Are your sales presentations down? Do you find yourself in a long selling cycle? Do you wear out your welcome in your customer's home?
If your sales need a boost, it may be time to look at your sales process and your customers' needs.
Old school sales training taught a 10- to 20-step graduated sales process. Many of these approaches date back to the '60s and '70s, maybe earlier. Think of your own life and how you use your time, and what follows will make good sense.
Most of today's households have two adults who are working full time. In addition, those same adults have children and are busy scurrying between work, day care, sports, and other after-school activities. Given all this hustle and bustle, few families even sit down and have dinner together on a regular basis. Yet we expect them to drop everything and spend three hours or more with us. It's no wonder we're wearing out our welcome. Our customers are busy people and want to spend what quality time they have with their families.
We need to refine our process to allow our customers to do just that.
Needs Analysis Many older sales models discuss the warm-up as one of the first steps. This consisted of bantering with customers for 20 to 30 minutes in an attempt to build a common bond, trust, and rapport. Today, customers expect and want to get straight down to business.
By conducting a professional needs analysis, your salespeople can get down to business while still developing trust and rapport. Performing a needs analysis establishes trust and professionalism while showing a genuine concern for your customer's wants and time.
During the analysis, your salespeople should be asking questions that will help determine how to best solve the customer's problem and how to present and close on that solution. Asking good questions will set your salespeople apart from 90% of your competitors, who go into a sales call fixated on their own agenda rather than that of the customer. Asking questions, listening, and writing down answers tells the prospect that you're a professional who is looking to help them.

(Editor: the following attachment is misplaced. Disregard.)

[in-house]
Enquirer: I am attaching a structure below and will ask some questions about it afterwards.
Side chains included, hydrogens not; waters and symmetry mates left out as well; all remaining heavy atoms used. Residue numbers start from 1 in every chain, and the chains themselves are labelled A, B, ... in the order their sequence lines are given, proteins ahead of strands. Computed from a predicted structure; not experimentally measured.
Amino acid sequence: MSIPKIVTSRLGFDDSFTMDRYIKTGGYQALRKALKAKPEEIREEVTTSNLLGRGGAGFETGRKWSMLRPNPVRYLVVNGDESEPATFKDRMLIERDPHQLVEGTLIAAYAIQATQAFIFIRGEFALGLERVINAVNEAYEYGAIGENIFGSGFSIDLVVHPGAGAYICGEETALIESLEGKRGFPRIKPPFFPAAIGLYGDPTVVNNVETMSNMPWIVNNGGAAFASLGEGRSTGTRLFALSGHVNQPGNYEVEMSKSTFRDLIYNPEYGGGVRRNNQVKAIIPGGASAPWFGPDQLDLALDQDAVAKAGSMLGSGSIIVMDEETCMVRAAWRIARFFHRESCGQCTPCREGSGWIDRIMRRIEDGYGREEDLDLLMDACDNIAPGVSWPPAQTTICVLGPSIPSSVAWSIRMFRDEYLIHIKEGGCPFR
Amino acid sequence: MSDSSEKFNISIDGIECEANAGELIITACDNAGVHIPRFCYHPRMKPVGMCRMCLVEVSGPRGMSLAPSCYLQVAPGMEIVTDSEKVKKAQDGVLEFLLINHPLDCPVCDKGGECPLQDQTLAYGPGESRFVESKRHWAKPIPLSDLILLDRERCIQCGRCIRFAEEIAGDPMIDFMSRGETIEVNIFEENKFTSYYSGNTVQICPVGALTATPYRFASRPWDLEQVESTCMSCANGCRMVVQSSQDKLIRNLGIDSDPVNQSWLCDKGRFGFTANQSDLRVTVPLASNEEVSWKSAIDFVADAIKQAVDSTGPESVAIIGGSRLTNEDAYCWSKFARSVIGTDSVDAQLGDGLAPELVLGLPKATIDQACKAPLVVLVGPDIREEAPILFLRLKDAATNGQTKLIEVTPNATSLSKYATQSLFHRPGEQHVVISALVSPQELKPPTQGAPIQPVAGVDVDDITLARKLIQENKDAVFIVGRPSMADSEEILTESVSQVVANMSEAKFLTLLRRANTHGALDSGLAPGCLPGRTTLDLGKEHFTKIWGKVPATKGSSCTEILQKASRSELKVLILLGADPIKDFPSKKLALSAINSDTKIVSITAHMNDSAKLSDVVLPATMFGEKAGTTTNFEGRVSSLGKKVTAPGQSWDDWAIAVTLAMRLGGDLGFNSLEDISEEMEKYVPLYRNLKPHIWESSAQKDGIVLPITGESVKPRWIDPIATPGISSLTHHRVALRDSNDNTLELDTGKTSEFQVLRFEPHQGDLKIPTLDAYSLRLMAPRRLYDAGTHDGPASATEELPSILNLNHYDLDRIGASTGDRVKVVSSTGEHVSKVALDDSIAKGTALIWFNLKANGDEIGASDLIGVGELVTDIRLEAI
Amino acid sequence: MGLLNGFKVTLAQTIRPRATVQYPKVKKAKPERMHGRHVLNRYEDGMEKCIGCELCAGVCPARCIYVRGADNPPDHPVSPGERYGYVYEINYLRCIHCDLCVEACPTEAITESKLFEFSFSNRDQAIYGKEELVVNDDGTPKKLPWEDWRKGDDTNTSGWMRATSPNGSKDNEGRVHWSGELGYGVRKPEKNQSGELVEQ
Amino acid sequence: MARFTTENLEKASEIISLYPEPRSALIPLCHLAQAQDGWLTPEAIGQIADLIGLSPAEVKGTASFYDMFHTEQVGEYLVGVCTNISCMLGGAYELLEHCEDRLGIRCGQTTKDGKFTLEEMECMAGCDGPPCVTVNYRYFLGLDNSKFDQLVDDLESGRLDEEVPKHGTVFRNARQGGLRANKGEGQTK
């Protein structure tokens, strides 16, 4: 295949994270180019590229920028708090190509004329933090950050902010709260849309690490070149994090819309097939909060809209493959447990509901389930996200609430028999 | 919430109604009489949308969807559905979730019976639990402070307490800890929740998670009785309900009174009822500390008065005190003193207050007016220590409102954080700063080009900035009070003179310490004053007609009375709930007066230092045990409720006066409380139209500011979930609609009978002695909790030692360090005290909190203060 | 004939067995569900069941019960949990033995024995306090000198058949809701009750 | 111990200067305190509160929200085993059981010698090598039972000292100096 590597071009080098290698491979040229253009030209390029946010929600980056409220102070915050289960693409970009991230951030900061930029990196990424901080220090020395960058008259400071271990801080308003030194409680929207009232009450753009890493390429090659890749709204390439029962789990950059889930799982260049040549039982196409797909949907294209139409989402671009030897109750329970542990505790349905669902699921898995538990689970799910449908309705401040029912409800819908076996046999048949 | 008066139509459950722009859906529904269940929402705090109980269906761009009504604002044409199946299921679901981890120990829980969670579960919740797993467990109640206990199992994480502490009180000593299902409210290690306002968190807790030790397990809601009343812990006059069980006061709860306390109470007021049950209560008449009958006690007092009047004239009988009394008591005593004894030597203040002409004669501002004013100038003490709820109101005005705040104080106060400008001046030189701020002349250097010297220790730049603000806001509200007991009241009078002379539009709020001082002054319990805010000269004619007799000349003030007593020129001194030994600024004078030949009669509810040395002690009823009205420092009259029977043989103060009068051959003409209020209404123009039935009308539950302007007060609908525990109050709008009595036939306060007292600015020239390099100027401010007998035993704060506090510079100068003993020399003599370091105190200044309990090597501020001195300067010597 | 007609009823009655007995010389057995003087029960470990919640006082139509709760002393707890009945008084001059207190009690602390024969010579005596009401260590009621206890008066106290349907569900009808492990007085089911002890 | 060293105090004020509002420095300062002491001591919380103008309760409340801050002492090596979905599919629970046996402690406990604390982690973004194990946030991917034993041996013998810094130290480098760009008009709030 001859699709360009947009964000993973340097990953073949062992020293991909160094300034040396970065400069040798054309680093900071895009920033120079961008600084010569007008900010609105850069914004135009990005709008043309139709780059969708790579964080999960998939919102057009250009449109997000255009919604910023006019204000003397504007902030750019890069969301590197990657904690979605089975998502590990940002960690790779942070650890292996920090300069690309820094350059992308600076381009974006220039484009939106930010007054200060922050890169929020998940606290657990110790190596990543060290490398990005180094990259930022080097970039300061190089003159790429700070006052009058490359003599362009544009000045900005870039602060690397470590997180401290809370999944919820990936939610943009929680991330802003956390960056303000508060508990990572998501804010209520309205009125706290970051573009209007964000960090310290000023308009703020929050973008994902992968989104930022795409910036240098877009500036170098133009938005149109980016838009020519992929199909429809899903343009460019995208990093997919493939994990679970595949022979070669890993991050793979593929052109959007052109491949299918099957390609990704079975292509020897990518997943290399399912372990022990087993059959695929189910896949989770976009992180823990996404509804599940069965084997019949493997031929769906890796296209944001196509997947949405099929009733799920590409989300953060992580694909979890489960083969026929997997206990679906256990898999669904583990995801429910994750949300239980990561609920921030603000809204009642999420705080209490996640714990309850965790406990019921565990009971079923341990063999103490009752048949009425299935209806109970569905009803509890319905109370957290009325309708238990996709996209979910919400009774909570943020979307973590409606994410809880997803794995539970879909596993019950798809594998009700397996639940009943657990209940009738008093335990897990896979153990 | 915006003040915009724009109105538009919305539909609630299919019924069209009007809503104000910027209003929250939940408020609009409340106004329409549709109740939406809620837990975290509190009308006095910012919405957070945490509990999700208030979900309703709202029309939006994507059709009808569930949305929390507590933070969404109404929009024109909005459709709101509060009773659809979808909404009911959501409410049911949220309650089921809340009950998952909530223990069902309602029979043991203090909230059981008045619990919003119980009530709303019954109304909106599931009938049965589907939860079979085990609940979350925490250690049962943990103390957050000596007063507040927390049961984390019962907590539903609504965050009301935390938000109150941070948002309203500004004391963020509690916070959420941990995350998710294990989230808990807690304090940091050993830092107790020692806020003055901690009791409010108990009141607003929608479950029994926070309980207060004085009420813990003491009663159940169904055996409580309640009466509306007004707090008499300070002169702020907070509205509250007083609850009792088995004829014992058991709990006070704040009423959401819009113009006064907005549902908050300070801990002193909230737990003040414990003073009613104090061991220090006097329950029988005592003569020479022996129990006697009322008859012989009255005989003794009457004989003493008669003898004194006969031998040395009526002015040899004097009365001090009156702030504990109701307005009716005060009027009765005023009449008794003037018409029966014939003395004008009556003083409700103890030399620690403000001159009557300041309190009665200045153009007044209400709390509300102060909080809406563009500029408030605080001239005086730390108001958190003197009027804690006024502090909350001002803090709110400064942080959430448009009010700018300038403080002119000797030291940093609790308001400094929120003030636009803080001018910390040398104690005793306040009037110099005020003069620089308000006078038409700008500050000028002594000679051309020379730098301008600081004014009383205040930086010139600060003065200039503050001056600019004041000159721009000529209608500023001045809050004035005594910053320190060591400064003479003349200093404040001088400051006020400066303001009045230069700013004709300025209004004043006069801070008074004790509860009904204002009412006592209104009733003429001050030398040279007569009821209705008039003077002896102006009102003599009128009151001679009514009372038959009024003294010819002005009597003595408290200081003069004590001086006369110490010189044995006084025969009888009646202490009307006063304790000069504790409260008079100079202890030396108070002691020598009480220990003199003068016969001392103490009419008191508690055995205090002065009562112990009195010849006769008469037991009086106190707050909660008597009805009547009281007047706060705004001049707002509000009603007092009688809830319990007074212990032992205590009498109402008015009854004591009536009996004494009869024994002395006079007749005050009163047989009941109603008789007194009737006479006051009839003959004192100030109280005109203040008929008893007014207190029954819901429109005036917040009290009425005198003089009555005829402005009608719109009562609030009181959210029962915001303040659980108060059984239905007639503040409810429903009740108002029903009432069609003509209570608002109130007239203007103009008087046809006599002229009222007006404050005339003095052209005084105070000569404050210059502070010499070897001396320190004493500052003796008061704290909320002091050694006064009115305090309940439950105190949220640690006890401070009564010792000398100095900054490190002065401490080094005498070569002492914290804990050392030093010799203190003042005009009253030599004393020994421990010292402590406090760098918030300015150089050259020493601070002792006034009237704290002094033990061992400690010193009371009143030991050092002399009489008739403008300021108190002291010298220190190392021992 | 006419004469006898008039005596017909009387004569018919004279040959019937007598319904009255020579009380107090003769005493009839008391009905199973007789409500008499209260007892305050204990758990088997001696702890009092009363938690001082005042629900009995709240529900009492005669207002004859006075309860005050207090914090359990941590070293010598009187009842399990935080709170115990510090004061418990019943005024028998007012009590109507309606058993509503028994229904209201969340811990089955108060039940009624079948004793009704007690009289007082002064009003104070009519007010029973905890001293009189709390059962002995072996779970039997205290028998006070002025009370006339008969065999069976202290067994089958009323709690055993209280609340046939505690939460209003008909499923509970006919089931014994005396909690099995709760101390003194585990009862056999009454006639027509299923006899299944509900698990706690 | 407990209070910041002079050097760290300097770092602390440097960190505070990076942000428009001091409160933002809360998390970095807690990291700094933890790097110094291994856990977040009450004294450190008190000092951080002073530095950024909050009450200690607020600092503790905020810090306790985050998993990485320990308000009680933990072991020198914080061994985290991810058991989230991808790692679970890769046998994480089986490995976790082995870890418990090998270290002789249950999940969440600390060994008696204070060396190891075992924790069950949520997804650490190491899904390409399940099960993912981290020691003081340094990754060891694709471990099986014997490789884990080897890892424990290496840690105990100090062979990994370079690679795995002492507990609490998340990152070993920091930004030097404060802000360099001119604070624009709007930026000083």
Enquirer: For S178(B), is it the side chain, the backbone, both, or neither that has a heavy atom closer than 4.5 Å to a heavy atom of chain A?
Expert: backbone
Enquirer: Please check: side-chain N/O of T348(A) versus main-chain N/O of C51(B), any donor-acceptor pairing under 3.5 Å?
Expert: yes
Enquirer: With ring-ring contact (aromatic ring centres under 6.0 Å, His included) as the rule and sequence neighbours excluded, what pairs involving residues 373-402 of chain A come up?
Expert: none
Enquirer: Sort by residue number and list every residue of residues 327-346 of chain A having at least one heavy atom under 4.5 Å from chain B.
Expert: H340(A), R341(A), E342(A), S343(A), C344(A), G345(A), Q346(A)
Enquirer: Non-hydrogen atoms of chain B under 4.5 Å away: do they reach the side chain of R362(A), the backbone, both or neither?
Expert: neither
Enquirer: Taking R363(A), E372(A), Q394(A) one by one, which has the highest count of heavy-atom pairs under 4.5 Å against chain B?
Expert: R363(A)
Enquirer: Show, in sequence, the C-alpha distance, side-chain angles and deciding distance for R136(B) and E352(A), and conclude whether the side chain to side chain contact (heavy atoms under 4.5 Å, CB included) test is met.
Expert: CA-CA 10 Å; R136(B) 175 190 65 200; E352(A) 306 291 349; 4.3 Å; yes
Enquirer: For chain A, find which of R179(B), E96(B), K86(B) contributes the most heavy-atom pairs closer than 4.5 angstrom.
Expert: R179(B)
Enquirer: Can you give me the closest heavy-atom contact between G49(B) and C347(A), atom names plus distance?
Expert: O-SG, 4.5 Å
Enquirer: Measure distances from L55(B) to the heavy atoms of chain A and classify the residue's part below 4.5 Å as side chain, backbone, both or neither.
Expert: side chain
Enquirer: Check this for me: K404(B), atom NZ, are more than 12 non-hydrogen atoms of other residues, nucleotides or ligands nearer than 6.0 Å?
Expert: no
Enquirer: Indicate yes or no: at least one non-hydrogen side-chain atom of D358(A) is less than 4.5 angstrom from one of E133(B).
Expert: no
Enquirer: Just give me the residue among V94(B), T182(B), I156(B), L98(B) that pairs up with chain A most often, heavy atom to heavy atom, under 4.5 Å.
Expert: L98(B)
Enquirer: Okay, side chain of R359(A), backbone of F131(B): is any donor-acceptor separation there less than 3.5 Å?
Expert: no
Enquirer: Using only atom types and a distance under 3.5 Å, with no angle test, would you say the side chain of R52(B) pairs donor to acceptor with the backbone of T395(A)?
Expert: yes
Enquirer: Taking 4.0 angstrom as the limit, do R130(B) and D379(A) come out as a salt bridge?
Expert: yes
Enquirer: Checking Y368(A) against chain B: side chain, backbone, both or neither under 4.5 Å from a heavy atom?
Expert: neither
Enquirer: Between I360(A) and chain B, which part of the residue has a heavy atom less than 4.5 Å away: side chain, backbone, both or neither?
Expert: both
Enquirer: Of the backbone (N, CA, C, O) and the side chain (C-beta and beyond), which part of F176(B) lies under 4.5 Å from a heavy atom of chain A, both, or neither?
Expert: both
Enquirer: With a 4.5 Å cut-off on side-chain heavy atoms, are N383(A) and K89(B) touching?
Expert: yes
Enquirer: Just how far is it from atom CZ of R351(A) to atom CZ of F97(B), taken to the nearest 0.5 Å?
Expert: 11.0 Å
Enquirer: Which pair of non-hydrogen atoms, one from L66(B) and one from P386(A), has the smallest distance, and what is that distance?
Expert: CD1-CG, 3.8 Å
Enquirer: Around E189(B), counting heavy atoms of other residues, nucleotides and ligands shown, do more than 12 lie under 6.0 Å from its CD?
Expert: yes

What's the Story? The next step should be to give a concise company story. Your salespeople can use a presentation book, a laptop, or point-of-sale material. I've found a presentation book allows the salesperson to stay on track while making the company story interactive. You want to design your presentation book to answer questions and build the customer's trust in your company and salesperson.
Add a professional quality to the measuring and design of the project, and involve your customer throughout the process. Here's where your salespeople build the dream. Now more than ever, you must continue to ask good questions. Involve customers by having them use the measuring tape and write down dimensions. Point out how different aspects of the project will look, and ask for feedback. As your salespeople measure and design, introduce assumptive closing techniques to have your customers assume ownership.
From Credible to Incredible Next, have your salespeople give a product demonstration. Make it fun and interactive. Your salespeople should be enthusiastic and knowledgeable. An incredible product demonstration will eliminate your competition and raise your customer's emotional level. When your salespeople's enthusiasm becomes contagious, you raise the level of your product from a want to a need while building value.
Revamp your selling process. Get to business faster. Work for your customer. All this allows your salespeople to spend more time in the final stage — closing the sale. —Jim McCarthy is sales manager for Maine Window & Sunroom, in Kennebunk, Maine.
Does your company have a business practice or installation technique to share with the industry? Call Jim Cory at 215.923.9810 or e-mail firstname.lastname@example.org.